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City-County Council approves downtown sports taxing district, purchase of Broad Ripple Family Center

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December 4, 2023



Council OKs bonds for Broad Ripple Park family center acquisition

The city can move forward its plan to acquire the new Broad Ripple Park Family Center, after the council voted Monday to authorize up to $26 million in principal bonds.

The unanimous vote follows weeks of pushback by neighborhood leaders and residents in Midtown neighborhoods who have expressed concern about how debt for the project might be serviced on a long-term basis. Councilor John Barth, who will represent Broad Ripple and other parts of Midtown after redistricting takes effect in January, was not present for the meeting.

The city plans to use up to $22 million from the Midtown tax-increment financing district to repay bonds that would be issued for the acquisition through the Indianapolis Public Local Improvement Bond Bank. The $26 million issuance would be paid back over nearly 20 years and carry an interest rate of up to 8%.

Residents and representatives of several neighborhoods have said they are disappointed by the city’s decision to lean so heavily on the TIF district to cover the debt, as well as the speed at which the city has sought to gain approval for its financing plan.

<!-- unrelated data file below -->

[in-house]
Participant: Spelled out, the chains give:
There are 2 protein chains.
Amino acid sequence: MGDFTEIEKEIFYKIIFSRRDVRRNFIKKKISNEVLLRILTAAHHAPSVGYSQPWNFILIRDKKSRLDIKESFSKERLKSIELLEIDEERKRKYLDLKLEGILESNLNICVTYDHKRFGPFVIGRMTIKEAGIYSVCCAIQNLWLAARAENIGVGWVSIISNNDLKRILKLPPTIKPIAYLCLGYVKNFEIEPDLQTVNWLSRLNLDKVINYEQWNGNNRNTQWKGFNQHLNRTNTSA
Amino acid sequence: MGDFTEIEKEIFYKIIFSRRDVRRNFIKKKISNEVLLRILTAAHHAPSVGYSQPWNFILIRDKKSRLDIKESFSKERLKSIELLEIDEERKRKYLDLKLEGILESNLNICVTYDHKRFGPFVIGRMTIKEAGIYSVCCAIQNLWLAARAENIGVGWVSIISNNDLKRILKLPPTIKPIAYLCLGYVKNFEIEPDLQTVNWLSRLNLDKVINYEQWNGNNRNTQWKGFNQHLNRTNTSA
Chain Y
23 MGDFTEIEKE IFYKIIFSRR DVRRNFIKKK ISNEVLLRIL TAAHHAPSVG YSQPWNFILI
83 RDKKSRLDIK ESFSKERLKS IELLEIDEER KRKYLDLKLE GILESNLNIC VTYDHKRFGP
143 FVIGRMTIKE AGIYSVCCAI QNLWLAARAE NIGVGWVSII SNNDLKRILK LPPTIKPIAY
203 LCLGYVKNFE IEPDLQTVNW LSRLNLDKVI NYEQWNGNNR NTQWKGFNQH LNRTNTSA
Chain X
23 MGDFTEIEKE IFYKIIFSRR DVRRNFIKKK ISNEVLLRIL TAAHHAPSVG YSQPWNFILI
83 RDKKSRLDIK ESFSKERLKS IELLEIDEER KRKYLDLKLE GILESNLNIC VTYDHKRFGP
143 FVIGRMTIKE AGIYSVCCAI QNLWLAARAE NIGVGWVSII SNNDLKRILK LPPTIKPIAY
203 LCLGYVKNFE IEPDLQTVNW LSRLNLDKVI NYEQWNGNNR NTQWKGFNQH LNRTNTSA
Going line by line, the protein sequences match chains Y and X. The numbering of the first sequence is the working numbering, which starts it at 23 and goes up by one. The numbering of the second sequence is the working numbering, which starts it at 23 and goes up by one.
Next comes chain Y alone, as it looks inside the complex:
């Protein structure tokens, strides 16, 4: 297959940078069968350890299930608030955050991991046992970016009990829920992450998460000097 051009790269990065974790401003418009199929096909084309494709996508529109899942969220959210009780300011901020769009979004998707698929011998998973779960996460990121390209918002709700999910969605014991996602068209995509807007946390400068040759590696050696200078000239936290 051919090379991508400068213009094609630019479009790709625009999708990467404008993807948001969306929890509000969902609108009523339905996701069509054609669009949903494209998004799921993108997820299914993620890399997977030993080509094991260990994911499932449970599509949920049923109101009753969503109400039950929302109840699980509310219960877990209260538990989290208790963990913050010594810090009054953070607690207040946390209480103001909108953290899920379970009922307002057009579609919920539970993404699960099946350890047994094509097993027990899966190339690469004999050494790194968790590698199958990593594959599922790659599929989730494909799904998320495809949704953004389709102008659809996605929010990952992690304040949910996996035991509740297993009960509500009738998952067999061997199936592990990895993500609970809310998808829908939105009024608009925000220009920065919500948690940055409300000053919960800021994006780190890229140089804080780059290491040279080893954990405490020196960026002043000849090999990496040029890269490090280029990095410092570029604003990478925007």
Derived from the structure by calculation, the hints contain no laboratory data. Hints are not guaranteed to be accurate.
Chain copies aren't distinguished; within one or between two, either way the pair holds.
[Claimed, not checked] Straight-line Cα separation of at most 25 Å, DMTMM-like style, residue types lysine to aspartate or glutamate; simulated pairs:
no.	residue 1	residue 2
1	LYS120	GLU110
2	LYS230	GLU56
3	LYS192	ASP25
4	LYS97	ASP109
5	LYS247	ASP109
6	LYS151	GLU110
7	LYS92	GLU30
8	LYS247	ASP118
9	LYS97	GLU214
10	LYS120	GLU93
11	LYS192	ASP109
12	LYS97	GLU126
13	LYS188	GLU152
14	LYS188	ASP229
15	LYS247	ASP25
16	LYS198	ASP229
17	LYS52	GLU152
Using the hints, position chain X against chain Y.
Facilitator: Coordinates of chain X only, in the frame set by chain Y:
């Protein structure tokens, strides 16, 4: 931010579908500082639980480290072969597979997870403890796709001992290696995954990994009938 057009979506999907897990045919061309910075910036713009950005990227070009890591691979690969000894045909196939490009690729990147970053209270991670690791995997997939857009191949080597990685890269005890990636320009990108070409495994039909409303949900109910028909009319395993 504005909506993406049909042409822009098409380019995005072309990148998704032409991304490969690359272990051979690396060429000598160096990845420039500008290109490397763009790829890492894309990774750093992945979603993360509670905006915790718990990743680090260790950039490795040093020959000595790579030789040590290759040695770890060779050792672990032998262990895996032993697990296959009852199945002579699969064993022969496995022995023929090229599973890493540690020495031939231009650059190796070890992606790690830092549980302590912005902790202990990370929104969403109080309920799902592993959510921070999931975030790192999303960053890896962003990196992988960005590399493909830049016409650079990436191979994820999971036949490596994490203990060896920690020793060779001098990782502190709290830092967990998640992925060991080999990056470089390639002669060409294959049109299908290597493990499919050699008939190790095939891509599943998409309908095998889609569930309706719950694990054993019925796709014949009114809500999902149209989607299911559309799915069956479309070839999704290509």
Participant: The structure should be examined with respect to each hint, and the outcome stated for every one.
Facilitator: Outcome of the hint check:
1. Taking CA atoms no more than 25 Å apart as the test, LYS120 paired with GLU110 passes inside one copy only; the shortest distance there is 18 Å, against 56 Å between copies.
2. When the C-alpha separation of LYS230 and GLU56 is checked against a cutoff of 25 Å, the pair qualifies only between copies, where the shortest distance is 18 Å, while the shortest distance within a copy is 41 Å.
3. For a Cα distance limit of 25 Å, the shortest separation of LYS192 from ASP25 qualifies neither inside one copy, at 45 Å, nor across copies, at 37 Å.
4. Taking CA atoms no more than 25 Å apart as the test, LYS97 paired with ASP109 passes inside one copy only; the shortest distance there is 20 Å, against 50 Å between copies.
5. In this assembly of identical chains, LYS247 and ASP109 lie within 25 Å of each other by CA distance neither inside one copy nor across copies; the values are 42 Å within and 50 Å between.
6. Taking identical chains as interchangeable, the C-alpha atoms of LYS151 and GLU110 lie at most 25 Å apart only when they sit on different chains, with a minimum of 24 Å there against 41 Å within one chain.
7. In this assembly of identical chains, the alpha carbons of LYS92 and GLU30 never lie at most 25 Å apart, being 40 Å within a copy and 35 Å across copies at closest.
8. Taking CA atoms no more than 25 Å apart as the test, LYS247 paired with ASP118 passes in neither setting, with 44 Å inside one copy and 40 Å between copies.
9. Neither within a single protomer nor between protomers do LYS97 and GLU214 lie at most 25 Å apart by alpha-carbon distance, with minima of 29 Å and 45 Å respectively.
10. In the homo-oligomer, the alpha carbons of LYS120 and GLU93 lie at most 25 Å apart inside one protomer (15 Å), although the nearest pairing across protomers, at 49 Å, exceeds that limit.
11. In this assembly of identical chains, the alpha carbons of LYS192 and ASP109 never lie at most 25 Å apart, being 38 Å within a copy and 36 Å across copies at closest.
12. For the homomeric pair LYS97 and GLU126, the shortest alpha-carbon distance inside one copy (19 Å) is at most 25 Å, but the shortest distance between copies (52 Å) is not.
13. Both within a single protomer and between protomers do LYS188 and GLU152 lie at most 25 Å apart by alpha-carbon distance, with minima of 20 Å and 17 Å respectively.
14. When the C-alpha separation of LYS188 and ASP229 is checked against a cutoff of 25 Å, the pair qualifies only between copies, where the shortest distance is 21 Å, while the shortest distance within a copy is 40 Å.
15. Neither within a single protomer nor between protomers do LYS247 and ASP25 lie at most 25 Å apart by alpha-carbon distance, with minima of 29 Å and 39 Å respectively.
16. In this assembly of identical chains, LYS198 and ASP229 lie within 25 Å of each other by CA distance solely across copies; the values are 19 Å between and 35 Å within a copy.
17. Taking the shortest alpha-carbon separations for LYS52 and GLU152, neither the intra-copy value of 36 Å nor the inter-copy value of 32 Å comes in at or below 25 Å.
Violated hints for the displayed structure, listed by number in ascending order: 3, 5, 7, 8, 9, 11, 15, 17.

The city since 2021 has said it plans to purchase the 40,000-square-foot, $19.7 million building within a year of the facility’s opening—which occurred in January—in order to take full control of the property and avoid shelling out nearly $1 million per year as part of a long-term lease agreement with BR Health.

Parks officials have said not buying the property now would also put several capital projects related to master planning and erosion mitigation at risk in 2024, and potentially other projects beyond that.

The center at 1426 Broad Ripple Ave. was developed through a partnership between Indy Parks and BR Health Holdings LLC, a holding company of Indianapolis-based Avenue Development. It is expected to cost the city about $22 million.

Representatives from the neighborhoods of Broad Ripple, Butler Tarkington, Mapleton-Fall Creek, Meridian Kessler and Midtown have said they were not made aware of the plan to use the TIF for the project until early November and were not able to have substantive conversations with city officials until the middle of the month.

The bonds would be used to cover the principal cost of the purchase, establish a reserve fund, pay financing costs and cover a portion of interest on the debt. In addition to dollars from the TIF, debt would be serviced by facility-generated revenue and other parks department revenue.

Rental payments from Community Health, which has a 25-year lease to operate a health clinic in the building, would also be applied to the debt service. Community is paying $493,350 in rent this year and will pay $412,500 next year, with lease payments increasing by 2% each year thereafter.

Under its current deal with BR Health, Indy Parks agreed to lease at least 25,000 square feet in the family center for 30 years, with the option to buy the building. While rent was waived for the first year, the department will be required to pay $79,900 per month in rent—$958,800 per year—as well as contribute funds toward maintenance and upkeep of the property.

The price tag for the purchase of the building was established in the lease agreement between the parties, with the cost increasing by $1 million per year if the city fails to close on the acquisition by Jan. 3.


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